One of the biggest gripes for Liverpool supporters in recent years has been the club’s largely dismal record in the transfer market. Top players were lost to other clubs or to retirement (in the case of Steven Gerrard it was a little of both, as to most UK football supporters the MLS is essentially a glorified retirement home) and the replacements were invariably of a much lower calibre. Frankly it’s impossible to be successful under such circumstances.
There was plenty of blame to go around and supporters would regularly argue among themselves as to whether it was Rafa Benitez messing up or Rick Parry stopping the Spaniard from getting the players he really wanted. Then it was “Kenny (Dalglish) didn’t want that player, it was all (Damien) Comolli’s doing” and of course more recently we had Brendan Rodgers v The Transfer Committee. Regardless of where the blame actually lay, for several years Liverpool just didn’t seem to be very good at transfers.
Then along came Jurgen Klopp. A little over a year after the German replaced Rodgers in the Anfield hot seat, Liverpool’s transfer dealings are being viewed in a completely new light, and not just because of signings Klopp made himself. Such is his coaching ability and uncanny knack for getting players to perform with confidence that even those who were already at the club prior to his arrival now look like sound investments.
A lot of fingers were being pointed at Liverpool’s recruitment team and while they may now be feeling somewhat vindicated, the truth is that Klopp is so special that he makes everybody else around him look more competent. Had he not arrived then supporters would most likely still be demanding the heads of the scouting department.
Nothing highlights this better than the change in how the ex-Southampton contingent at Anfield are now perceived. It had become a standing joke in football how Liverpool were frequently being ripped off by Southampton in the transfer market, although in fairness, it was not just the Reds whom the South Coast club appeared to be taking to the cleaners. Manchester United paid £30million for Luke Shaw and £24m for Morgan Schneiderlin, while Calum Chambers set Arsenal back a reported £12m.
Nevertheless, it was Liverpool who were seen as the poster boys when it came to being taken advantage of by Southampton, probably because the Saints were usually still neck and neck with the Reds in the table despite having their so-called “best players” cherry picked by the Merseysiders.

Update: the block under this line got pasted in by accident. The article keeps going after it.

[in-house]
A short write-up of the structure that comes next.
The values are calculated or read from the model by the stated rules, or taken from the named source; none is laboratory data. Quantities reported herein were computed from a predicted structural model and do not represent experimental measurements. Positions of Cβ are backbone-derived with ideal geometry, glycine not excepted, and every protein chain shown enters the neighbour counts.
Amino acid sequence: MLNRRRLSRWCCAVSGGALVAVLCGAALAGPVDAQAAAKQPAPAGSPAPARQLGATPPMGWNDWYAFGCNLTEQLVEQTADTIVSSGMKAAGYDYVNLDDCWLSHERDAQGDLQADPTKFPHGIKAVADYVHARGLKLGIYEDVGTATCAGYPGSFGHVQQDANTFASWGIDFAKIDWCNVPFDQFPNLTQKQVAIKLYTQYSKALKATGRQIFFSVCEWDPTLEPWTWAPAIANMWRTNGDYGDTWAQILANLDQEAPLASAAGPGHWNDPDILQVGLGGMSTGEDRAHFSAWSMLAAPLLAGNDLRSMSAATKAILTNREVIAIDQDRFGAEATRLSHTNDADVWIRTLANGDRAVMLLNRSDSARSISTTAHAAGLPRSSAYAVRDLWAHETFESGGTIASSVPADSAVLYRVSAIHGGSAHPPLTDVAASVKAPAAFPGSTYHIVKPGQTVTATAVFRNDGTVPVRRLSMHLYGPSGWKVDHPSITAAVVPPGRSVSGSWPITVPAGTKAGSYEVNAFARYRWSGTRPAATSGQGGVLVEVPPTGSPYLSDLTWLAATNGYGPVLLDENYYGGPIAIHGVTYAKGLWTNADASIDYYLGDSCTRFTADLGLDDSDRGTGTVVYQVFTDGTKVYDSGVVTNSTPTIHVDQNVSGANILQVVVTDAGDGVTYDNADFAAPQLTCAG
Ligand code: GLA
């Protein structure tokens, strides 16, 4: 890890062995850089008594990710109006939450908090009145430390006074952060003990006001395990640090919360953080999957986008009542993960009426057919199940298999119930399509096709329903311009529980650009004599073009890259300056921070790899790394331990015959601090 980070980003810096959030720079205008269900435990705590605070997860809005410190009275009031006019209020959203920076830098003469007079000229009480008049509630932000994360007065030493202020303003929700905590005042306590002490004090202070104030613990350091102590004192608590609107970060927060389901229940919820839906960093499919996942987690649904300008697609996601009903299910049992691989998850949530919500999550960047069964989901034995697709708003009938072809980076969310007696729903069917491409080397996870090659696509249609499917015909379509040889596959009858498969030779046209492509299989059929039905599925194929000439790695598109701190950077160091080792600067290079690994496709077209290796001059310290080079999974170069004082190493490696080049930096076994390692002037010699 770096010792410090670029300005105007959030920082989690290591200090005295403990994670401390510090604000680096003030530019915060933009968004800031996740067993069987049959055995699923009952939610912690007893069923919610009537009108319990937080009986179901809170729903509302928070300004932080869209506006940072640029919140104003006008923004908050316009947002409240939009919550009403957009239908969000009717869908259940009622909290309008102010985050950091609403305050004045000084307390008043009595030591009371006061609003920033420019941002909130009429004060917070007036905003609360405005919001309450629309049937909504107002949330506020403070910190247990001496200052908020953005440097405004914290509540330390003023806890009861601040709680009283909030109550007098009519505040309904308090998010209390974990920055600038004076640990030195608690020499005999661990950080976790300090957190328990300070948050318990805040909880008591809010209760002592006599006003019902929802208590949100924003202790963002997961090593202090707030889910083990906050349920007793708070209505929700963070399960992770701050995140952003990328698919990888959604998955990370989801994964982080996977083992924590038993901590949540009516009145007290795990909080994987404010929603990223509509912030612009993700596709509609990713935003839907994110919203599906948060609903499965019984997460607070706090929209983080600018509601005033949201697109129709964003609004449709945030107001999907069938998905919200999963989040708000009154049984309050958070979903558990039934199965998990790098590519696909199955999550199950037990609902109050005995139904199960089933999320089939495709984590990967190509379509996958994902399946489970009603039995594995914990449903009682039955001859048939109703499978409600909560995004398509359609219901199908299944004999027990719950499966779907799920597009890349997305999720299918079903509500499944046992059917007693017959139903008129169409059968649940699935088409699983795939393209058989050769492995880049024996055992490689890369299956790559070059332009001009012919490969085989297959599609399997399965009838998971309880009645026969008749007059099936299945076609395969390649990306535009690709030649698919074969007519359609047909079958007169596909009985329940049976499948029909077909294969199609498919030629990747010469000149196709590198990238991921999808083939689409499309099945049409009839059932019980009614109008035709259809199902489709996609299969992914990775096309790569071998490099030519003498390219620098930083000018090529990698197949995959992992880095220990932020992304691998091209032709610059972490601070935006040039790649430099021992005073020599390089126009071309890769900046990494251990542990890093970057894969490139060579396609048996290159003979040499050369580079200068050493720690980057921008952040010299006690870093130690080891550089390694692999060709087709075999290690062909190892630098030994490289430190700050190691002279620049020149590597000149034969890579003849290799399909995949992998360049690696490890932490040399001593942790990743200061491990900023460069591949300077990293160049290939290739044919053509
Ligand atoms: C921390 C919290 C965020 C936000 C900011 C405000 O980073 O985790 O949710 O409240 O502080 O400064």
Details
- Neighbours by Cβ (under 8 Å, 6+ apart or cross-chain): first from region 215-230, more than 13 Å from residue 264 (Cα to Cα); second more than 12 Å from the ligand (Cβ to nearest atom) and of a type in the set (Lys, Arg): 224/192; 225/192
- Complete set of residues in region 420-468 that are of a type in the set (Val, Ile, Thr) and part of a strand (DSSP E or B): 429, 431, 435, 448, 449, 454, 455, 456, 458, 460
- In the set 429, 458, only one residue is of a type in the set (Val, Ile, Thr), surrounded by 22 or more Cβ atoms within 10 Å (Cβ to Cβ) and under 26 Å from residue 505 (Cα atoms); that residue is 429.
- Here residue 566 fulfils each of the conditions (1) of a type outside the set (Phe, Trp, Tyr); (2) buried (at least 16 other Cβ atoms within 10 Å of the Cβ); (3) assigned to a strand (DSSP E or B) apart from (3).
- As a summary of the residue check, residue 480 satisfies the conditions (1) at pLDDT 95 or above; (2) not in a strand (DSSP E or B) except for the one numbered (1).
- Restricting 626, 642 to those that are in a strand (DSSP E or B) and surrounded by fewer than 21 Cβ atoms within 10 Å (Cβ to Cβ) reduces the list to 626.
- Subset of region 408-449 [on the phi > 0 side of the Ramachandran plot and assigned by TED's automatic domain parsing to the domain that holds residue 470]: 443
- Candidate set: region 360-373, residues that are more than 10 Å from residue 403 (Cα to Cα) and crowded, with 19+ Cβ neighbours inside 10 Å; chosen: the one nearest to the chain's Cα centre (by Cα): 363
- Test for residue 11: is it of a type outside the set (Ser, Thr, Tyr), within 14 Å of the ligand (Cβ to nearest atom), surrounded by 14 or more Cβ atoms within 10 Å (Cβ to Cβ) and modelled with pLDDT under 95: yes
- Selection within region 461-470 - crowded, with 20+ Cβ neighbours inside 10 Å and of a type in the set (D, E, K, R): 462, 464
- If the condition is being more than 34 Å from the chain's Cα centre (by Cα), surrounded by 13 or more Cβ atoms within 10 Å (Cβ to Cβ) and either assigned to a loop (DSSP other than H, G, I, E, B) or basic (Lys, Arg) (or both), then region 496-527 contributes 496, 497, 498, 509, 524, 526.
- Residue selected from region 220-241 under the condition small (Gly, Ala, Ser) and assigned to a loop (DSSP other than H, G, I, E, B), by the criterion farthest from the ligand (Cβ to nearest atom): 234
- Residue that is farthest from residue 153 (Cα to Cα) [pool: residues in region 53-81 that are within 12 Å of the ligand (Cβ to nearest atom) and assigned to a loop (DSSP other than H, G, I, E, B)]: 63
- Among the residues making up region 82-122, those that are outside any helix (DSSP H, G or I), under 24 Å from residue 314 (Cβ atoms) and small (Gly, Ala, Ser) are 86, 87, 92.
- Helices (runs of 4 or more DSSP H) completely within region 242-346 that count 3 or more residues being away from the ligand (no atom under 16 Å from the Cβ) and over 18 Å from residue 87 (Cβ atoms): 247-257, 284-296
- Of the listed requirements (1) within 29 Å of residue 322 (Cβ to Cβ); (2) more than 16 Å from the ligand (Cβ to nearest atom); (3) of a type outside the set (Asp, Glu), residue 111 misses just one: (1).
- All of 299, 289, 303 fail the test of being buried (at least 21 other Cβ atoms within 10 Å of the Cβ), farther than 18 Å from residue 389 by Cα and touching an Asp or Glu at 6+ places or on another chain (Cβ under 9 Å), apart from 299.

Rewind back 13 months to just before Klopp’s arrival, and while Dejan Lovren had begun to turn his form around after a nightmare first season at Anfield, he was nowhere close to looking like a £20m defender. Adam Lallana was also flattering to deceive in his second season, showing sporadic flashes of ability but struggling desperately to live up to his £25m fee. Nathaniel Clyne was the third ex-Southampton man on Liverpool’s books having joined a year later than the other two, and while he’d made a steady enough start his £12m price tag was viewed more as a fair price rather than as any kind of bargain.
Now though, all three have become important players for Klopp and are living up to — and in some cases far exceeding — their lofty transfer fees. What’s more, a fourth former Saint, Sadio Mané (signed by Klopp from Southampton last summer), is looking like one of the steals of last transfer window even though he set Liverpool back a cool £30m.
You can also add Roberto Firmino, James Milner and Emre Can to the list of players for whom the jury was out prior to Klopp’s arrival but who are now undoubtedly seen as quality signings. Firmino’s form fluctuated wildly in his first six months at the club. There were some good performances but also some completely awful ones, such as in the defeat at Watford last December when he was arguably the worst player on the pitch. Quite the achievement given that the calamitous Adam Bogdan was also playing that day.
Now Firmino is one of the best players in the Premier League and the man who Liverpool’s impressive attack is built around. Can isn’t at that level yet and still has some maturing to do, but at least he’s no longer being played at full back or in a back three. He’s in midfield, the position in which he was bought for, and he’s progressing very nicely under Klopp’s guidance. Milner has made the opposite move to Can having been switched from midfield to full back by Klopp, but is enjoying a new lease of life and now looks like an inspired signing.
Liverpool’s recruitment over the last couple of seasons actually looks quite impressive now and it’s virtually all down to Klopp, although he’s not been able to turn water into wine right across the board. Alberto Moreno is still a work in progress while Simon Mignolet’s days look numbered. Christian Benteke could not be salvaged but at least Klopp managed to recoup enough for him to cover the Mané signing. Lazar Markovic also looks to be a lost cause, he’s currently on loan at Sporting Lisbon and there appears to be no way back for him, although with Klopp you can’t completely write anybody off.
What is clear is that there are a number of people at Anfield, both on the playing staff and in the scouting department, who should be thanking their lucky stars that Klopp arrived when he did, as he’s completely transformed their fortunes as well as the club as a whole.
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